3. Your article also talks about “salutogenesis” and “pathogenesis,” suggesting that we should focus more on the former in medical education. Can you elaborate on these concepts, including the role of epigenetics and personalized medicine and the role they play in health education?
Most medical education focuses predominantly on our understanding of how diseases occur, how to diagnose them, how to treat them, how to manage them, and ultimately how to provide palliative care when there are no more treatments available. That’s the half of the equation that I refer to when I say the “pathogenesis half.” The salutogenesis half of the health continuum is the half that focuses on health creation, health preservation, health enhancement. Most health care professionals have limited education and professional training in this critical domain.
As we learn more about genetic predisposition to disease risk, and the interaction between genetic predisposition and human lifestyle choice, we’re going to have to invent health delivery systems that focus on both salutogenesis and pathogenesis. In this article I’m excited to share an imagined view of health care delivery 25 and 50 years from now, where we still have many of the components that we’ve built over the last century, but in addition there are also centers accessible to everyone that look at movement and exercise. Teaching kitchens could also play a critical role in health care delivery of the future. Similarly, what we now refer to as mental health centers will not be constrained to psychopharmacologic intervention and psychotherapy, but will also offer opportunities for people to learn about meditation and mindfulness as well as health coaching. In short, “life skills” training will need to be as available as diagnostic testing and therapeutic interventions.
Additionally, as we shift from a “fee for service” medical reimbursement system to a predominantly capitated care and “pay for performance” system, financial incentives will – for the first time – favor those organizations that keep people healthy and out of the hospital, not those that perform more diagnostic services and therapeutic interventions. As such, the “teaching kitchen” model may enable forward thinking medical and corporate organizations to “do well while doing good” with regard to health care delivery.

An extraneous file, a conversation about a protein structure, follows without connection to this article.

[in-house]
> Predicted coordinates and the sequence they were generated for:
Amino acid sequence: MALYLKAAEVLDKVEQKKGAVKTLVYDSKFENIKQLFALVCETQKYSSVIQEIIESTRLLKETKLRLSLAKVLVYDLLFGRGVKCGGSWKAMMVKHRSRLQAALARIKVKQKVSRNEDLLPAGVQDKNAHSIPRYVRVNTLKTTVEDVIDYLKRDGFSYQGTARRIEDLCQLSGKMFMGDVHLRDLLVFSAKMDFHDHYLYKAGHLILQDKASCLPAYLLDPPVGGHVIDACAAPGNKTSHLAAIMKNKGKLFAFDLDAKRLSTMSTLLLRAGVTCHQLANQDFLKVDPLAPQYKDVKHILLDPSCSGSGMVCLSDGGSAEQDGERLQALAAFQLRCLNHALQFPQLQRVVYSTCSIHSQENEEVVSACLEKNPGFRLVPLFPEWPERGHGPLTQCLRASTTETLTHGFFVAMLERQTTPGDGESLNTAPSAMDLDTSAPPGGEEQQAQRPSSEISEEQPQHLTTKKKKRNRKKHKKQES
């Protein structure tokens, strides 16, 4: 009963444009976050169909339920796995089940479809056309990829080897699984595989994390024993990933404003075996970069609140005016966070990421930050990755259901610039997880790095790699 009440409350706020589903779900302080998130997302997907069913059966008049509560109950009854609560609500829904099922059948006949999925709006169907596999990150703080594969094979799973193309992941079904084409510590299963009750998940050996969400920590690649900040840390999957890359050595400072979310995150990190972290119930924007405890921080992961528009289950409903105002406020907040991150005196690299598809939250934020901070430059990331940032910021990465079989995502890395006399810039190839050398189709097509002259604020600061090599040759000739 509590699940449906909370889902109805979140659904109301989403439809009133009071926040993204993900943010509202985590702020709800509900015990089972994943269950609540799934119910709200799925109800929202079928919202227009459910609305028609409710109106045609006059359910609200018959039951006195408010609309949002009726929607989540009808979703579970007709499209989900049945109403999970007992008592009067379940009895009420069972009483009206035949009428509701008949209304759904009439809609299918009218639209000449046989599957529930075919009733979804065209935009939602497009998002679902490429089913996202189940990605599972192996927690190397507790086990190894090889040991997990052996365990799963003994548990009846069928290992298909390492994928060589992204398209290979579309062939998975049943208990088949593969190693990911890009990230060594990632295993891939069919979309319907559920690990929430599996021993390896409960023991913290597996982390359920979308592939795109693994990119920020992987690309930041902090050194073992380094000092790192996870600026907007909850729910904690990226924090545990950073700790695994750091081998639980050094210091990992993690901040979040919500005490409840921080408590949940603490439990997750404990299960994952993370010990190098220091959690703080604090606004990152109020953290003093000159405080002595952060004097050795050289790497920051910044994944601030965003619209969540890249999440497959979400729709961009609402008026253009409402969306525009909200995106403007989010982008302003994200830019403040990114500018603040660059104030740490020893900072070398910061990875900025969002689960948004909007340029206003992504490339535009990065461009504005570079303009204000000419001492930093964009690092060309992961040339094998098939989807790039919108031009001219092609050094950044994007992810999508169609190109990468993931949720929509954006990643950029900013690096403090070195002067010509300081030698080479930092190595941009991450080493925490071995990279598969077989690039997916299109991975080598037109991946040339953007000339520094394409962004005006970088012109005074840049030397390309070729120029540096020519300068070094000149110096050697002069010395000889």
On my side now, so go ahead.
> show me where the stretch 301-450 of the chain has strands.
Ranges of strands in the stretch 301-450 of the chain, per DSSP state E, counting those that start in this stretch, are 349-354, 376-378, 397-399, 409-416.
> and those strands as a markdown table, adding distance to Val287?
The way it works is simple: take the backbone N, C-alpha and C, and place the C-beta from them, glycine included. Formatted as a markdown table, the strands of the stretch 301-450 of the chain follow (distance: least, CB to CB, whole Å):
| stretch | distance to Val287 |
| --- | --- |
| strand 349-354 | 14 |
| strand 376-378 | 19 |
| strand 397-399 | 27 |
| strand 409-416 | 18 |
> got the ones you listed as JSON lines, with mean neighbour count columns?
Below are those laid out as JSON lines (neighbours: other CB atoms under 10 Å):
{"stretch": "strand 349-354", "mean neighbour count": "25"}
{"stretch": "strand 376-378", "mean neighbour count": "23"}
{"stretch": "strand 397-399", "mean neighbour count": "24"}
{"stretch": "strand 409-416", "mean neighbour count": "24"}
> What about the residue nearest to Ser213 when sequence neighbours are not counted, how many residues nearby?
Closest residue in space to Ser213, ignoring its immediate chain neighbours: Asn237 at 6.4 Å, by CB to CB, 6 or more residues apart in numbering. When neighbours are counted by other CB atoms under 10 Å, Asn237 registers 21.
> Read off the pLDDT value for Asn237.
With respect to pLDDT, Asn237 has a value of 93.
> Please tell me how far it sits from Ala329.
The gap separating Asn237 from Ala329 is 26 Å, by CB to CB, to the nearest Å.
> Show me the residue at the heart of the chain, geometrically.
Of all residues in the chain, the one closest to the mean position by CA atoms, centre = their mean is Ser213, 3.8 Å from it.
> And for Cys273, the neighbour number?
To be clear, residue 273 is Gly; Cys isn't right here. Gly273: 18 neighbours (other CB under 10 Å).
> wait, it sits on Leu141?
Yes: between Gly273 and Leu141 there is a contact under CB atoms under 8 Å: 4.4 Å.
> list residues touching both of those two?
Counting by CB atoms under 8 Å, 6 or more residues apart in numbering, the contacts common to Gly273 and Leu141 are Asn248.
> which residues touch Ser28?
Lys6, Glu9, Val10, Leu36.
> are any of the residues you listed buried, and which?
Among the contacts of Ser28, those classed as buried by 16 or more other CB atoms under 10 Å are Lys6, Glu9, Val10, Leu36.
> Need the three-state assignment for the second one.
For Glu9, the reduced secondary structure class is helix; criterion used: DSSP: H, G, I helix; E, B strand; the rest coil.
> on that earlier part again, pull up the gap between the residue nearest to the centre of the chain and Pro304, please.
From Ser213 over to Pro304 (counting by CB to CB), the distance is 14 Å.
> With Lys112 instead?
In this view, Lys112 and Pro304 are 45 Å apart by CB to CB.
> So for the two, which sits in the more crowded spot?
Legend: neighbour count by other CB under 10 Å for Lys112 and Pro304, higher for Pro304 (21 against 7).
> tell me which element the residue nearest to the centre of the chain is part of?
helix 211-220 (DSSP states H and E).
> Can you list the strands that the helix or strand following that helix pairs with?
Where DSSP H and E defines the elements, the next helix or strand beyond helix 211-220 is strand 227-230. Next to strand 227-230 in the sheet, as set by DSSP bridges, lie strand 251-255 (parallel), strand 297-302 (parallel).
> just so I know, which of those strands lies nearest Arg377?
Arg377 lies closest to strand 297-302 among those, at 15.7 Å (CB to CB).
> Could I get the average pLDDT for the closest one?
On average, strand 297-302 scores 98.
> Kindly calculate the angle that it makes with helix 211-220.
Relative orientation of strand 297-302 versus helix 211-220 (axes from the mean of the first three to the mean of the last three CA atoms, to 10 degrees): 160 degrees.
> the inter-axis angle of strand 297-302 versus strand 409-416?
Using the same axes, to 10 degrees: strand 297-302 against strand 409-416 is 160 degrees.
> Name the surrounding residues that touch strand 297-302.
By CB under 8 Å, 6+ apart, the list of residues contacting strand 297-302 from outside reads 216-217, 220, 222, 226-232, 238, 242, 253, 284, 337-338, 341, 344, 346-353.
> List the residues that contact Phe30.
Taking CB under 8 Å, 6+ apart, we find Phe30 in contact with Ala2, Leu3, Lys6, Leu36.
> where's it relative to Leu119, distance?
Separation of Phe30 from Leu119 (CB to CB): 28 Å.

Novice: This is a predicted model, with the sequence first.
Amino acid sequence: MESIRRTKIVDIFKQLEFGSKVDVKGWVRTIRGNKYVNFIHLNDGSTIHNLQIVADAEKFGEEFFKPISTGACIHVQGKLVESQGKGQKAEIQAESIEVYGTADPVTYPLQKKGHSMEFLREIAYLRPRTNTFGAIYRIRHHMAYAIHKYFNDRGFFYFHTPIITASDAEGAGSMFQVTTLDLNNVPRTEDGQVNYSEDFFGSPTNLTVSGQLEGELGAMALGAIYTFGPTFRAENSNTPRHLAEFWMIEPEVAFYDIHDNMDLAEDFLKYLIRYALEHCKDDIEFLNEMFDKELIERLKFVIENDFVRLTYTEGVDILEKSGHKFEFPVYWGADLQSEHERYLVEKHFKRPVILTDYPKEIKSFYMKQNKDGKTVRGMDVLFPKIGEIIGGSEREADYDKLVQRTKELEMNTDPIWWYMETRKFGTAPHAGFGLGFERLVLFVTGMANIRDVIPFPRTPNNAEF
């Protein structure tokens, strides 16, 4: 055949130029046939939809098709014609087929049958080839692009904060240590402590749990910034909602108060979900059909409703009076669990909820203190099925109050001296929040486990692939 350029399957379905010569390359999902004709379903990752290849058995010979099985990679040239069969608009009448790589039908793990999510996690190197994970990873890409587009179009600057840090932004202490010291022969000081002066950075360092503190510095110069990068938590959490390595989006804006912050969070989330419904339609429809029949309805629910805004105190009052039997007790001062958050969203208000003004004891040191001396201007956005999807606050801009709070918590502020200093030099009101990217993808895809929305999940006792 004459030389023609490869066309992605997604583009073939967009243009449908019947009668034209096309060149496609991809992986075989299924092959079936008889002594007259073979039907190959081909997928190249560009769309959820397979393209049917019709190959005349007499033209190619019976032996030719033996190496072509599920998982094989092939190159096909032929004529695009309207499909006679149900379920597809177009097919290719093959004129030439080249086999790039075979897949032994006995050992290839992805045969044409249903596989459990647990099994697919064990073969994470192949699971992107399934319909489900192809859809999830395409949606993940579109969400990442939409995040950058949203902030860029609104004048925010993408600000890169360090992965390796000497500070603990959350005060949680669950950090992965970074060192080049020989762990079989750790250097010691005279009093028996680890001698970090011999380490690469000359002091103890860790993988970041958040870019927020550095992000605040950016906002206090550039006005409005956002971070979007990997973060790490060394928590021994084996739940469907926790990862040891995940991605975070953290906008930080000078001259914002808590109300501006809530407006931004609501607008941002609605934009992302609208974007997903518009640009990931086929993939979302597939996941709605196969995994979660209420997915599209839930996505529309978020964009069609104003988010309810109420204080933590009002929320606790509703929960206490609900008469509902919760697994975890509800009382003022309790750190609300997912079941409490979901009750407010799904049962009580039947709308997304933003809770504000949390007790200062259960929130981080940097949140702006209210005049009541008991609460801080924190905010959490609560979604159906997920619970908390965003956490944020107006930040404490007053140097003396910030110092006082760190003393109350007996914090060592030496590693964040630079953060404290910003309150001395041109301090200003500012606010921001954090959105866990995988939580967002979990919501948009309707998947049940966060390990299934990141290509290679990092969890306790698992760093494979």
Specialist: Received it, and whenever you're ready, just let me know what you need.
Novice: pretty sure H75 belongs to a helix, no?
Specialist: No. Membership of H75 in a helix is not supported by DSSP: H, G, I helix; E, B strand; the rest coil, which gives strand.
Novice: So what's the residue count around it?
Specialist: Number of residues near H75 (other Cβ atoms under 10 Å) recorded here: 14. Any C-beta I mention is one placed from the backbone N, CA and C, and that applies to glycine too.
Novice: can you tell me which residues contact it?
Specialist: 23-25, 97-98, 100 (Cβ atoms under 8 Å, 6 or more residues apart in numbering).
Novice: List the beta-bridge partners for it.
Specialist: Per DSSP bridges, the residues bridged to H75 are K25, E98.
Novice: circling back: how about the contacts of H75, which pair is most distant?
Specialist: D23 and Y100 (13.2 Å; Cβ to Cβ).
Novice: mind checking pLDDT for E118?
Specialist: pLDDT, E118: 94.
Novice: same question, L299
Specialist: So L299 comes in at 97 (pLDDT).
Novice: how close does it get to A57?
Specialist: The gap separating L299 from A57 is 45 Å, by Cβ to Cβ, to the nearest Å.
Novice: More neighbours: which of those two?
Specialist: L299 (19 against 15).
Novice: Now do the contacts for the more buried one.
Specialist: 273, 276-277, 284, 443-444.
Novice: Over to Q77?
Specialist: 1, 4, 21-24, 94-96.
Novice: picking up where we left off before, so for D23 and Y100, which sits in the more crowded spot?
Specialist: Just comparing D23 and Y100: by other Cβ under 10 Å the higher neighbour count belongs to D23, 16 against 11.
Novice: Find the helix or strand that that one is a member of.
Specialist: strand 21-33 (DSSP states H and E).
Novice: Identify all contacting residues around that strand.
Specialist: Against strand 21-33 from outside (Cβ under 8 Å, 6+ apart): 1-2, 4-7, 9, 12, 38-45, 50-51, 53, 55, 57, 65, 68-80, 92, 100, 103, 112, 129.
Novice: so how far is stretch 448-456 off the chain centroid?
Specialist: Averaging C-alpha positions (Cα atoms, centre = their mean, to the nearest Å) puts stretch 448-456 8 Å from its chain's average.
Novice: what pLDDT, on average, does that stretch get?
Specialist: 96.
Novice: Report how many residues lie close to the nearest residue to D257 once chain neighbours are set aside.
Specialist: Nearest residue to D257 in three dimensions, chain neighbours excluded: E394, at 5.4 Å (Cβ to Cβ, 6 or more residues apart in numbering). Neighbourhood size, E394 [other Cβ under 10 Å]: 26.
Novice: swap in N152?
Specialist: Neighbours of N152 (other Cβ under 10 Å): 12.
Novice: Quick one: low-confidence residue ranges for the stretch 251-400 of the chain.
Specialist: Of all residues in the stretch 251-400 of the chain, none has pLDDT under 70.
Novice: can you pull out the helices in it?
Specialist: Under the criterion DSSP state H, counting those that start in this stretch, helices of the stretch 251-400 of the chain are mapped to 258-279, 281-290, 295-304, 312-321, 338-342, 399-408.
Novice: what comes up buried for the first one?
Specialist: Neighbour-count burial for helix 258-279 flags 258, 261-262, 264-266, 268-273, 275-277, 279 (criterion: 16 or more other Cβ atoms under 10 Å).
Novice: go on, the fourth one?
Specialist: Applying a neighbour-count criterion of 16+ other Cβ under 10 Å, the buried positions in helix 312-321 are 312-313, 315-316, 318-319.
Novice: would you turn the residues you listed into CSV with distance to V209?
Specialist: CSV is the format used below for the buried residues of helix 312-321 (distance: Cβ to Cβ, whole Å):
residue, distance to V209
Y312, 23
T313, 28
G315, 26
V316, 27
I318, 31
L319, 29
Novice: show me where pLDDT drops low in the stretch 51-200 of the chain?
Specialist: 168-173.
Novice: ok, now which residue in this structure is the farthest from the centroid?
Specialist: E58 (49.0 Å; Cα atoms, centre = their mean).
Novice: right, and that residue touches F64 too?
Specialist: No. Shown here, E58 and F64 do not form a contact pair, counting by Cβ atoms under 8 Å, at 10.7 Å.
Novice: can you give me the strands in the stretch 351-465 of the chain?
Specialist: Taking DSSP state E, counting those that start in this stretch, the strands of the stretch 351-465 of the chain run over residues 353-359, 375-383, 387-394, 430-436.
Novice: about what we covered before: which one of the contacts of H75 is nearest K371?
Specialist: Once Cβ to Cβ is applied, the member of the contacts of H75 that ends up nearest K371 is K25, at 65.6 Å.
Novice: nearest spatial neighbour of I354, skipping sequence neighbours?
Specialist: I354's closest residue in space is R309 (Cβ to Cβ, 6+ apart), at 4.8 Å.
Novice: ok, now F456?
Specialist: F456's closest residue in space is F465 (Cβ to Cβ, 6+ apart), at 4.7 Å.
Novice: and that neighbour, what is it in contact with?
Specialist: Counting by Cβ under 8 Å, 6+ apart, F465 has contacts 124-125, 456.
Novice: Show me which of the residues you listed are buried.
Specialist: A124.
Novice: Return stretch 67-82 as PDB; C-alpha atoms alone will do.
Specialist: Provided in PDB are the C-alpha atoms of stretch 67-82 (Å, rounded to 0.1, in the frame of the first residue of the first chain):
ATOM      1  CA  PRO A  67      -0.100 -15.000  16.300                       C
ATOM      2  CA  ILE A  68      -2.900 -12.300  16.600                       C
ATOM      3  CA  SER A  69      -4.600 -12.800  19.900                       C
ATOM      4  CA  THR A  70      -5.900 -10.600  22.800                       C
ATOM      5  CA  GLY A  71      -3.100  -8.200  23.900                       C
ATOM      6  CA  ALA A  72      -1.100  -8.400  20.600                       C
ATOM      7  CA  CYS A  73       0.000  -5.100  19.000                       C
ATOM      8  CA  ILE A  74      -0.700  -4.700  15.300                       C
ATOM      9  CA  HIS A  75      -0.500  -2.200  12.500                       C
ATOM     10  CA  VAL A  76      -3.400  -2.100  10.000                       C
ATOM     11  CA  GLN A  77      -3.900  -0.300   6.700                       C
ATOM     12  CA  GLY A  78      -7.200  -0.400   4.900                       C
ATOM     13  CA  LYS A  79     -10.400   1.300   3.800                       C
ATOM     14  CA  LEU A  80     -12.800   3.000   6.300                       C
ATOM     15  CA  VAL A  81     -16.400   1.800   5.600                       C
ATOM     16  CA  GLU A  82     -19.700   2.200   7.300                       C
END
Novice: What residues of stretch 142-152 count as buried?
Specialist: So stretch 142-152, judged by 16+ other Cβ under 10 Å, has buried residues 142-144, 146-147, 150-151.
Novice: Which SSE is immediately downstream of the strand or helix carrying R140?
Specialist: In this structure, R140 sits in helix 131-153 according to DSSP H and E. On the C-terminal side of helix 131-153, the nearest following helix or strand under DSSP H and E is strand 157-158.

4. Obesity and diabetes – and lifestyle-related diseases in general – are serious public health issues as both disease rates and our nation’s health care costs rise. While medical professionals are critical in reversing these trends, do you envision the “teaching kitchen” concept becoming widespread and accessible to the general public?
Yes, absolutely. The observation this year that 40 percent of Healthy Kitchens, Healthy Lives conference attendees already have teaching kitchens suggests that this wave is growing. I think it will get bigger and not be limited to health care organizations or hospitals. We have confidence that a model such as this could be applied to a work site, and collectively we are exploring ways to make this model scalable across multiple work sites. In my mind it’s possible to customize this approach for use by very large sectors of the population. The ultimate goal is to make this training in “life skills” accessible to our children at younger and younger ages, because if and when these health-promoting behaviors are really the norm for all children in all schools, it will become far easier to avoid the kinds of lifestyle-related disease burden we now are faced with.